City traders say the government's decision to close off Bunda Street for renovations in the middle of spring "doesn't make sense", as Canberrans head to the city to take advantage of the warm weather.
Renovations to the popular shopping strip were announced on September 20 by Territory and Municipal Services Minister Shane Rattenbury and will turn the street into a combined space for cars, pedestrians and cyclists.
Work began on the following Monday and the plan has received tentative approval from Canberra city shoppers.
But restaurant owners along Bunda Street said while they welcome the eventual transformation, the government had begun construction at the worst possible time.
Dolce and Salato co-owner and spokeswoman Catherine Tinelli said the road had been fenced off the week after tourists began flooding into town for Floriade.
"We've had the best weather since. [There was] the long weekend where tours were coming to Canberra city, Canberrans are getting out again and then they're faced with this rubbish," she said. "It's just the wrong time."
Manager Makayla Wyatt, who has worked on Bunda Street since Dolce and Salato opened in 2013, said spring had been the busiest she'd seen the street. "Hotter seasons are definitely busier," she said.
Mrs Tinelli said they believed the success of any strip mall precinct depended on passing vehicles and she was concerned the government might move towards shutting off the whole street.
"The evidence is in City Walk, Petrie Plaza and inside Garema Place; businesses in there at night don't perform that well," she said.
Cream co-owner Luca Dizillo said while in the long term he could see the benefits of the redevelopment, it should have been done in winter.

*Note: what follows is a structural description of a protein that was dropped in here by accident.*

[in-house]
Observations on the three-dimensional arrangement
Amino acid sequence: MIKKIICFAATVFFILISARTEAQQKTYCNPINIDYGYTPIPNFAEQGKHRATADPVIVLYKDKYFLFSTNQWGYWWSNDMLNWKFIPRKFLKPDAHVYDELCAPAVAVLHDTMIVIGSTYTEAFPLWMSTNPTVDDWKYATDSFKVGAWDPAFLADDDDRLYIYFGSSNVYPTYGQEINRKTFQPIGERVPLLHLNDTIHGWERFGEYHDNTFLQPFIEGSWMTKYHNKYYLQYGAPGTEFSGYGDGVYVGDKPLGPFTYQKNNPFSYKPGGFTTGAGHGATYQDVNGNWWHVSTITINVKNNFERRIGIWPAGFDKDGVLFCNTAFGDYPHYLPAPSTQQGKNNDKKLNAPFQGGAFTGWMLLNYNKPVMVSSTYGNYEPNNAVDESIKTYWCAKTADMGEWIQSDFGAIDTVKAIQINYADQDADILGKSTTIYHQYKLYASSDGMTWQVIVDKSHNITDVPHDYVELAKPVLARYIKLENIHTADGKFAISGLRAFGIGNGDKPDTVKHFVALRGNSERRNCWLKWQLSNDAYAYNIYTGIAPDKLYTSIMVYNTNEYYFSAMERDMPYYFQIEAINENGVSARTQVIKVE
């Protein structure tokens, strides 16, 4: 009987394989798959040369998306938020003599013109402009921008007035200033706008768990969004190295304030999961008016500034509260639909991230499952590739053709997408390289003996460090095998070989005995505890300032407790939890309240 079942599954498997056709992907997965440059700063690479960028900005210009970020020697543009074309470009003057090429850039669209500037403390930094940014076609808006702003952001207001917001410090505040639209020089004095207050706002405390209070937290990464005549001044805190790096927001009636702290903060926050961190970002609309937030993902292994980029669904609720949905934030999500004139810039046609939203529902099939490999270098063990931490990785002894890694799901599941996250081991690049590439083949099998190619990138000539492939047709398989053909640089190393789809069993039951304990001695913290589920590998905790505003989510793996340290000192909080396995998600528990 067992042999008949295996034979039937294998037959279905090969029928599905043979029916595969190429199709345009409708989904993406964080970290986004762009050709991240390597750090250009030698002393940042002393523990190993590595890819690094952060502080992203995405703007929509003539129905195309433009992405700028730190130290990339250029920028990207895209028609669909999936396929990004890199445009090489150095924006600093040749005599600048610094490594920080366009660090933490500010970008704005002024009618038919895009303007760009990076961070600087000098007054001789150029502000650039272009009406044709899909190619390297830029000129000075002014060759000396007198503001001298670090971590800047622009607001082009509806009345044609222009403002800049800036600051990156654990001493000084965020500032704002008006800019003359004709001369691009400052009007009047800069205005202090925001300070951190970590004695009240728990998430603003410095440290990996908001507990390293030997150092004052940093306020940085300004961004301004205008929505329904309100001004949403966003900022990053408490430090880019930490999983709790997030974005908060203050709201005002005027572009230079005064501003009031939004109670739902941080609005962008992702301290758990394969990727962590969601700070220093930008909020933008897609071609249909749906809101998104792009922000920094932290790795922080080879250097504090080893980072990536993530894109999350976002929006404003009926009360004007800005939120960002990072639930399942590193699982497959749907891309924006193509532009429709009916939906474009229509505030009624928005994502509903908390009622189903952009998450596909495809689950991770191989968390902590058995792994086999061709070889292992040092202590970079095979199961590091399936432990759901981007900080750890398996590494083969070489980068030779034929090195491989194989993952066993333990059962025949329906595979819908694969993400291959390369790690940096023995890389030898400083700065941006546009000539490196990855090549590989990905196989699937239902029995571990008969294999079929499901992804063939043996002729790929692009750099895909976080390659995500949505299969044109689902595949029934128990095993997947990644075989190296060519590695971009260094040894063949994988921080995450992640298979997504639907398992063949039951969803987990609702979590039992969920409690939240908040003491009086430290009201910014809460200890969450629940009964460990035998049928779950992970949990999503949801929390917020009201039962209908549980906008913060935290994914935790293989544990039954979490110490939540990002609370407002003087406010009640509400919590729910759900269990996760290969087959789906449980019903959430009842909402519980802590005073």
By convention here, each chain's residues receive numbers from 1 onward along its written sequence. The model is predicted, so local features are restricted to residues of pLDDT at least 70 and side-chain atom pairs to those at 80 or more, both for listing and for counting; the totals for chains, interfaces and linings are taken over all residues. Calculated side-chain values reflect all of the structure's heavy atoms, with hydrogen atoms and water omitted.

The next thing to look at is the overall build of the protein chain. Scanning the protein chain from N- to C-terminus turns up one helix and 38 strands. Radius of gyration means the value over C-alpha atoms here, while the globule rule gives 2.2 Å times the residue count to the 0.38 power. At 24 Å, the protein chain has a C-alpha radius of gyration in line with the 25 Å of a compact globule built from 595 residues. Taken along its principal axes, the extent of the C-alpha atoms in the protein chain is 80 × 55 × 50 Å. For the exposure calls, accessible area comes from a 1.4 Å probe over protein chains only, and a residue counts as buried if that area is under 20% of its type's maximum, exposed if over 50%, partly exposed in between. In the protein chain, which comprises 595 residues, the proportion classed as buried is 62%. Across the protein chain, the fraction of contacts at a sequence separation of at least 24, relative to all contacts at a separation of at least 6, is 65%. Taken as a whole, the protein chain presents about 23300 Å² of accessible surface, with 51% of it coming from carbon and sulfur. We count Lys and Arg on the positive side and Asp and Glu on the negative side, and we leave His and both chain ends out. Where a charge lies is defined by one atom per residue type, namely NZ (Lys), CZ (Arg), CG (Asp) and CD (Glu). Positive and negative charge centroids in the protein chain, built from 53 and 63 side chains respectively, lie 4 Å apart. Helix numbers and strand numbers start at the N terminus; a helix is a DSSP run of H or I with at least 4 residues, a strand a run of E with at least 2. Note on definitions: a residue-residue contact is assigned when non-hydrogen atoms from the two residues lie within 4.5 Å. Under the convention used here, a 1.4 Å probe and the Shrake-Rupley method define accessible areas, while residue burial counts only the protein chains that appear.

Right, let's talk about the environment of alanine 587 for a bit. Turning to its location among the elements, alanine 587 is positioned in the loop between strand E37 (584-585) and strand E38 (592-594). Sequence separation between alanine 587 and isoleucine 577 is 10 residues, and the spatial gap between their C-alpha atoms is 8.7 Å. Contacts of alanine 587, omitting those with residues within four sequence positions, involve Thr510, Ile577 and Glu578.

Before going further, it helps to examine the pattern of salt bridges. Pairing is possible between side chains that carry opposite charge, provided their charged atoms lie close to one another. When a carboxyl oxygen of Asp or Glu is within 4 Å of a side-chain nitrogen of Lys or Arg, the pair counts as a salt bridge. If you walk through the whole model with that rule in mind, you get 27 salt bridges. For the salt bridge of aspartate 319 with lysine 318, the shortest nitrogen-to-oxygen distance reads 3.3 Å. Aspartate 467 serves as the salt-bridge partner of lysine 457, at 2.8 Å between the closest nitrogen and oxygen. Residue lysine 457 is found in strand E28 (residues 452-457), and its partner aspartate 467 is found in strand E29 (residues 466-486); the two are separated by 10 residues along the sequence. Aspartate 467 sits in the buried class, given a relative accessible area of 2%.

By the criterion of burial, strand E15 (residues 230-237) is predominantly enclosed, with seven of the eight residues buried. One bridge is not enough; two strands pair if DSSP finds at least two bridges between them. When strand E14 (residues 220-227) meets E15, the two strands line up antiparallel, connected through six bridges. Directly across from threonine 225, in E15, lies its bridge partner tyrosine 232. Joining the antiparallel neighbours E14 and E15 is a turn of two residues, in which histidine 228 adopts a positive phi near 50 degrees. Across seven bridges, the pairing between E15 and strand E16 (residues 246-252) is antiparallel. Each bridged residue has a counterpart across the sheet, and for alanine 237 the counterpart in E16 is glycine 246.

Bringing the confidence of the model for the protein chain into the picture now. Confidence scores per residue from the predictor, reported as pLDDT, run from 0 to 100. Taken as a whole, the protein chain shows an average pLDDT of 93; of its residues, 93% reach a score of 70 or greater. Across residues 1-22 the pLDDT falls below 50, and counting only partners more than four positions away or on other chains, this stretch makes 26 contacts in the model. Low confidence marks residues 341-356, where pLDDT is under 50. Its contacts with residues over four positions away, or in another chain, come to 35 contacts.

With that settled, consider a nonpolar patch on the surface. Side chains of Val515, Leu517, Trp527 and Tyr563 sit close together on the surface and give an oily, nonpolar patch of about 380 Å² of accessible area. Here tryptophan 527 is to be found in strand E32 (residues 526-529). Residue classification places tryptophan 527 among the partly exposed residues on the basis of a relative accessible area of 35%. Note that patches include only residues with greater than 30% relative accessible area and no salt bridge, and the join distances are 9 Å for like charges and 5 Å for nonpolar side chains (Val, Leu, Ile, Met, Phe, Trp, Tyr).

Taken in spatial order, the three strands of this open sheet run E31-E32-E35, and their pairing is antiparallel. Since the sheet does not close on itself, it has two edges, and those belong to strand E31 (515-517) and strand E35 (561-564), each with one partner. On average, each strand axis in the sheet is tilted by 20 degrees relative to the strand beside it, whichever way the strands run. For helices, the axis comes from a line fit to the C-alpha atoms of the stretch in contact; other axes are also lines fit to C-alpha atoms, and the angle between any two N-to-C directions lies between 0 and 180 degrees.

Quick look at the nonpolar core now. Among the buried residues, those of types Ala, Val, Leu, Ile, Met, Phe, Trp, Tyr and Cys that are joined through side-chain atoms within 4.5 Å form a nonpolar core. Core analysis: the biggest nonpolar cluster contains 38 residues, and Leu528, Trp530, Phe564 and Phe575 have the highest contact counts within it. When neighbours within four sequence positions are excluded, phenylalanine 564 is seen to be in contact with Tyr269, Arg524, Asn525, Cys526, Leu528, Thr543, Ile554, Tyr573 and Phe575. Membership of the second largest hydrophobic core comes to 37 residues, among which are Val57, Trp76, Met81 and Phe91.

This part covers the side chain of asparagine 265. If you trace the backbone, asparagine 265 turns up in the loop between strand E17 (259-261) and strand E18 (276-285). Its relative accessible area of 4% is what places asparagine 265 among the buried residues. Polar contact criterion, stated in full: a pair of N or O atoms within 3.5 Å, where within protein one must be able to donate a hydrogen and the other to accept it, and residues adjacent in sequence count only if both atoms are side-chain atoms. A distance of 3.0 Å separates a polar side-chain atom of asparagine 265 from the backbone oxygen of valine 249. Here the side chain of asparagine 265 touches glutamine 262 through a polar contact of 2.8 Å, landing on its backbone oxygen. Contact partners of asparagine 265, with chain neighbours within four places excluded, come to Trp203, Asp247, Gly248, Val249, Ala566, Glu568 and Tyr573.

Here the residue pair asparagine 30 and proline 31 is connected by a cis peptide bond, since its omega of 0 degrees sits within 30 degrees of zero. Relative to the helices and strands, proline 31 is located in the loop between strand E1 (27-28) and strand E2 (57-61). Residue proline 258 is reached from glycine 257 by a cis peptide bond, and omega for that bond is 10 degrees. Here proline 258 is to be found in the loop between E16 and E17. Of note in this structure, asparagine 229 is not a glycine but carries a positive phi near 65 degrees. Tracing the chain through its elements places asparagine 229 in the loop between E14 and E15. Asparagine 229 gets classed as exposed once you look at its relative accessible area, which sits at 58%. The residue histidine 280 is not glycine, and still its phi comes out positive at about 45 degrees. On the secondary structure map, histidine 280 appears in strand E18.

"By the time they finish it's going to be January and we're going to miss out on all that spring foot traffic. Also with Floriade, we're going to have tourists come in and yet in the middle of Civic we have a three-month job. It doesn't make sense," he said.
All shop owners said they had been briefed on the Bunda Street development by the government and shown plans of how it would look before they began.
Minister Rattenbury said construction work had been planned to minimise the impact on traders, with renovations to be undertaken throughout October and November before slowing down Christmas.
"[It will be] finalised during late January which is generally a quiet time in the city with many people away on holidays," he said.
He said the completed road would help revitalise Bunda Street and provide opportunities for the street, such as special community events or festivals as well as outdoor dining and cafes.
Mr Rattenbury said the ACT government had worked closely with traders on the Bunda Street redevelopment and would continue to do so.